acitivist, advocacy, Advocate, anger, autism, essays, gun violence, mass shootings, mental health, mental illness, mentally ill, New York Times, psychiatry, psychology, road rage, scapegoat, schizophrenia, slate, writer, writing
I recently read an article about autism and mass shootings. The article was in the New York Times. In my opinion this article is great, it points out that people who have autism are being scapegoated by the media and by people who want an explanation for the violence. If you read the article, you can easily substitute the word schizophrenia for autism. Because before this new scapegoat was discovered and targeted, it was almost always schizophrenia that was to blame for mass shootings.
As a society we have allowed one group of people who have long been scapegoated for gun violence and crime to be exchanged for another group. Each of these groups consists of some extremely vulnerable people in our society. Both groups of people (those with schizophrenia and those with autism) are far more likely to be victims of crime than to be perpetrators of a crime.
The best article I read for explaining mass shootings is in Slate. In the article, mass shooting are blamed not on the mentally ill (you can add autism to the article) but on people’s anger.
Of course, there is occasionally going to be someone with schizophrenia, or someone with autism that also has a problem with anger. The very number of people who have a mental illness or the diagnosis of autism, make it statistically impossible not to have some people in these two groups who possess problems that are not associated with their diagnosis (like anger).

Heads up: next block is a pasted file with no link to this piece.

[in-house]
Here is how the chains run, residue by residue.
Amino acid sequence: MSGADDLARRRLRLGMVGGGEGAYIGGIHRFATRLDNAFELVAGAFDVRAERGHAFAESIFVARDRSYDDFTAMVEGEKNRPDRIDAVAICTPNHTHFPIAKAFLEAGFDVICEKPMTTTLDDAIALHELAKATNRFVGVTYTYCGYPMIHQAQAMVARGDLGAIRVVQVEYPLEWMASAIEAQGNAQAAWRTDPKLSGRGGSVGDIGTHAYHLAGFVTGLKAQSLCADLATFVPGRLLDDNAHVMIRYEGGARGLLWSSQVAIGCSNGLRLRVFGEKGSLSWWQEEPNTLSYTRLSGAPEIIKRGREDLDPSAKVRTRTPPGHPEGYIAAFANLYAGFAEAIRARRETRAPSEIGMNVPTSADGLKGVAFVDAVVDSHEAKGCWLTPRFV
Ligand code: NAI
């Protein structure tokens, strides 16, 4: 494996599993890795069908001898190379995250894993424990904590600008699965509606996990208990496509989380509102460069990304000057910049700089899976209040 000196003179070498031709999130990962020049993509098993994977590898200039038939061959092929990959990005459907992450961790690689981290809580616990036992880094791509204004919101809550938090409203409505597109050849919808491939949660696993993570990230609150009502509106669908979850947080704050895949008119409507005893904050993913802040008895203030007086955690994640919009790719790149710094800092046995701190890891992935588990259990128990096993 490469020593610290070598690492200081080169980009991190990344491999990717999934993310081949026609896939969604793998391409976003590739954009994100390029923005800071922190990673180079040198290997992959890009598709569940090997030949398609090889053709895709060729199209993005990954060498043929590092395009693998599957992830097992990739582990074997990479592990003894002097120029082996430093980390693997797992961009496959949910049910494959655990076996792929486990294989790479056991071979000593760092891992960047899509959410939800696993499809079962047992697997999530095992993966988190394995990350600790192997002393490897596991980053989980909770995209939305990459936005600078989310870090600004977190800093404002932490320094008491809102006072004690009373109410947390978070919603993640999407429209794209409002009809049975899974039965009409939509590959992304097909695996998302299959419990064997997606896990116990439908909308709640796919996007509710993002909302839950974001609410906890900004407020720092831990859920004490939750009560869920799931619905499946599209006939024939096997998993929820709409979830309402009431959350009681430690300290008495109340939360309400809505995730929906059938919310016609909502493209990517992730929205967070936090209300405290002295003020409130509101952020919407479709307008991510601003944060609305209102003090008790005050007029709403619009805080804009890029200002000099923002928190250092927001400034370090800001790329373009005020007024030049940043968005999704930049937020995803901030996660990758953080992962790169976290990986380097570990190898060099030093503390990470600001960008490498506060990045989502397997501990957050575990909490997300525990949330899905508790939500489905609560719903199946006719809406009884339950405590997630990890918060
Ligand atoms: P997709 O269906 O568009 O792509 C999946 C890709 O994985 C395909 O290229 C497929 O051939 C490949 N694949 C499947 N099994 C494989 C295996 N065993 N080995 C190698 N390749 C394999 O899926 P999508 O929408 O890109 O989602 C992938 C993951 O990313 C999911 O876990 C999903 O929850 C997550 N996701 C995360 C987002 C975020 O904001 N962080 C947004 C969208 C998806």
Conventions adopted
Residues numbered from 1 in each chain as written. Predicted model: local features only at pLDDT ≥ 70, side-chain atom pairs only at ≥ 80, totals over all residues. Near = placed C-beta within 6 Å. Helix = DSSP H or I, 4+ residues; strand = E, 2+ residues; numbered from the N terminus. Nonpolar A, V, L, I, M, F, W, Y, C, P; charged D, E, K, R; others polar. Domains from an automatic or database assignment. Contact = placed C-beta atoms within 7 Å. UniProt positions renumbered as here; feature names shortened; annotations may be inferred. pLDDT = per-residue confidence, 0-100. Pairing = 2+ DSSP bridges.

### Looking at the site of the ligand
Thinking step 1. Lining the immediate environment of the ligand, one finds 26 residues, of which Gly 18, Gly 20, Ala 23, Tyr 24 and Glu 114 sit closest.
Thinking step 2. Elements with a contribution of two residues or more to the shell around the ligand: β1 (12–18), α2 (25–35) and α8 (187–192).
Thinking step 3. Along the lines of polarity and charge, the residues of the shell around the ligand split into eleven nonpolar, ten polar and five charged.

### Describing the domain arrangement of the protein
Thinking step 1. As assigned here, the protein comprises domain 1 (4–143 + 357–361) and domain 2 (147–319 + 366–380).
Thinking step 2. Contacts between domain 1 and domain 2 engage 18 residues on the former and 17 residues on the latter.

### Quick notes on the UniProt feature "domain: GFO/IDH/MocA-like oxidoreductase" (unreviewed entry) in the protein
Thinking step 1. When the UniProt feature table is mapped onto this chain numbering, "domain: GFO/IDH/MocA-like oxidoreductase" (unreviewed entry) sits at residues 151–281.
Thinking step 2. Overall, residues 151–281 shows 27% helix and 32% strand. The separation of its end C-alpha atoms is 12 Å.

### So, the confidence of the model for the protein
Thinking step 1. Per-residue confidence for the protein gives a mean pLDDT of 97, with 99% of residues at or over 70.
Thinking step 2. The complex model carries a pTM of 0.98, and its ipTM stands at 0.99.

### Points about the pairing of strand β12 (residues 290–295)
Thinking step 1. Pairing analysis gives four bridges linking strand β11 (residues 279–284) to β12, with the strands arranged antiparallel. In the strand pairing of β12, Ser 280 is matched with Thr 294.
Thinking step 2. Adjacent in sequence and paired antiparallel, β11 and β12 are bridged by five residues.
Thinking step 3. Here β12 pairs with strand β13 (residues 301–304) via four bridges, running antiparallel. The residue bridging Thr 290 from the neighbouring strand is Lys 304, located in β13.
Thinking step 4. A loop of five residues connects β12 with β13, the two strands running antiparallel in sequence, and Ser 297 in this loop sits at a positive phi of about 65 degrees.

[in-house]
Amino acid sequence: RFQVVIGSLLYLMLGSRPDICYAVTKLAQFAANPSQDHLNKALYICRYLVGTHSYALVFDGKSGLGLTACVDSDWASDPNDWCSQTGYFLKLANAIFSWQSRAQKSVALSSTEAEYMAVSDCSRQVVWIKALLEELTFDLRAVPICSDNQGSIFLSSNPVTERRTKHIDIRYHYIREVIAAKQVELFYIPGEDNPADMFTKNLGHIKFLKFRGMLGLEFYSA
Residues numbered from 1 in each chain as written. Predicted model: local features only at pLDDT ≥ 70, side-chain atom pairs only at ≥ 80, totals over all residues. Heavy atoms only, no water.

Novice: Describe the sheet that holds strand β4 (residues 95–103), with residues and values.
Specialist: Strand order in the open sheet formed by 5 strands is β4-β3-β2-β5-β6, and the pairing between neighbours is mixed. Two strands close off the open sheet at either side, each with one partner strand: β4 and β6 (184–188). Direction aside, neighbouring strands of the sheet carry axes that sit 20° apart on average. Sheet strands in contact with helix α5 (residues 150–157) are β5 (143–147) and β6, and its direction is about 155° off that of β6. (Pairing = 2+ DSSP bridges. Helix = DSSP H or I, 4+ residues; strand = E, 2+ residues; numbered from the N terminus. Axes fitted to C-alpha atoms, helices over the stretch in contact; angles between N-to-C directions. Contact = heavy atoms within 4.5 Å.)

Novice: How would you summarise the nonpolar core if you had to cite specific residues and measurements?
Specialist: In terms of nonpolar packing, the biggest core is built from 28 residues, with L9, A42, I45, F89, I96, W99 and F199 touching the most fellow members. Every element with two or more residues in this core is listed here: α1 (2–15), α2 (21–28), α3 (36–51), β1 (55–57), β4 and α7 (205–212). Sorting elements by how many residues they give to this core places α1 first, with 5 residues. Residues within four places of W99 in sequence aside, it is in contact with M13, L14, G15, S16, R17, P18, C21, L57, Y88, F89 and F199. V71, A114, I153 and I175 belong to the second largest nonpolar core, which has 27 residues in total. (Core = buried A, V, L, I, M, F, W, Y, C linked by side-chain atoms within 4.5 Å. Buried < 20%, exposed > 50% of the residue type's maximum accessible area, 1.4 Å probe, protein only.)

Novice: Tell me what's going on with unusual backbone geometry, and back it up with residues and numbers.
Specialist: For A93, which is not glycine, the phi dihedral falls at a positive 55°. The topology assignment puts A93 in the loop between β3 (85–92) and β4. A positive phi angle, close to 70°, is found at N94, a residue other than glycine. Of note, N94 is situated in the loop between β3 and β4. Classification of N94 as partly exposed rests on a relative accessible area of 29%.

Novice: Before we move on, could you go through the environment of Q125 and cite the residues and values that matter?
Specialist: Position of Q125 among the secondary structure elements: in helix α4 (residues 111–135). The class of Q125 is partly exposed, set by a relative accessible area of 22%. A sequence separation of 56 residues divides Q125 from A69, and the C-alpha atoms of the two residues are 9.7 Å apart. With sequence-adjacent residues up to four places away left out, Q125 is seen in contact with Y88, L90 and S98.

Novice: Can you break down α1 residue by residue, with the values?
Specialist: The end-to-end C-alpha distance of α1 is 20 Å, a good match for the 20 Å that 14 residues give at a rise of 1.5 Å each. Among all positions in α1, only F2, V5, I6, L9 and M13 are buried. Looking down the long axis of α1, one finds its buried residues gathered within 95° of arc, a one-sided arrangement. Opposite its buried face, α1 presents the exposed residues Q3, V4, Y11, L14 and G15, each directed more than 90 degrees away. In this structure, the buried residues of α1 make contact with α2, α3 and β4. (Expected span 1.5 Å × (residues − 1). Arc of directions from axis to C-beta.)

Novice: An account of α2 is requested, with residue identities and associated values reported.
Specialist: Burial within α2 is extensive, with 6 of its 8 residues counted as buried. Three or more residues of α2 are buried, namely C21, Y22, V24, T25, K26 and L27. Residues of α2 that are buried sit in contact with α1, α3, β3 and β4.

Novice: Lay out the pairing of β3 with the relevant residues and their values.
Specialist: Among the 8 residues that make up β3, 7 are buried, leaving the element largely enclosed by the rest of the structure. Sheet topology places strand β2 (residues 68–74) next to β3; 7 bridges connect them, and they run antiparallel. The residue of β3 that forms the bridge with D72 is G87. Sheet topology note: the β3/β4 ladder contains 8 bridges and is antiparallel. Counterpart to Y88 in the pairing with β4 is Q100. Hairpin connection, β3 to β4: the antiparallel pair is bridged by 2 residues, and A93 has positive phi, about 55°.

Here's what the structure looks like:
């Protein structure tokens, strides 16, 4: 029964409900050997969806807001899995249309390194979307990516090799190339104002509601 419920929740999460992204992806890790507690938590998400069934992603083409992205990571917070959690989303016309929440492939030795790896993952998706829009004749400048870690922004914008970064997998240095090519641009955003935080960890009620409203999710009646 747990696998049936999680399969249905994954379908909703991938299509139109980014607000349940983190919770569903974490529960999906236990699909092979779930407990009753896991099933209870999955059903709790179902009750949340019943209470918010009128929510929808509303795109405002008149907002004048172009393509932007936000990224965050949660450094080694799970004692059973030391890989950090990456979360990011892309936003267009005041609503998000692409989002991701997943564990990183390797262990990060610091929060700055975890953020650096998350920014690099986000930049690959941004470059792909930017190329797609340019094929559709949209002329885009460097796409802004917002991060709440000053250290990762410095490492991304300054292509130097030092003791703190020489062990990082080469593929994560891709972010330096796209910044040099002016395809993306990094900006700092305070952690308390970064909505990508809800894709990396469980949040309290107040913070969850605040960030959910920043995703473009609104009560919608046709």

It is easier to point to people with schizophrenia or people with autism and scapegoat them as the cause of gun violence than to accept anger as a cause. Why? Because people can point to people with a diagnosis as being “other” “them” “one of those” but the same is not true of anger.
Anger is a part of all of us. We all have anger. There is no pointing fingers and saying “Those people are dangerous.” Anger is dangerous in anyone. Road rage is the perfect example. Where I live many people are severely injured and even killed in incidents of road rage. It is absurd to think that accidentally cutting someone off on the freeway may very well end your life in an act of violence, but it happens.
There are many angry people walking among us. There are people who don’t handle the stress of a job loss, or rejections by others, the break-up of a relationship, or an error in traffic, etc. in a resilient manner. Most of us can cry, feel badly for a while, talk to friends, mourn, take action, something – our coping techniques kick in for our very survival. This isn’t true of everyone. Some people act out in violence and rage.
I hope other people will step up and speak out about the claims that mass shootings are tied to autism. Even if people with schizophrenia are not in the spot light right now, they could easily be again. I don’t accept scapegoating any group of people.
Let’s start a dialogue about how to identify the kind of anger that leads to violence. Let’s stop wasting time pointing fingers in the wrong direction. Let’s do something that doesn’t scapegoat people and actually saves lives –innocent lives.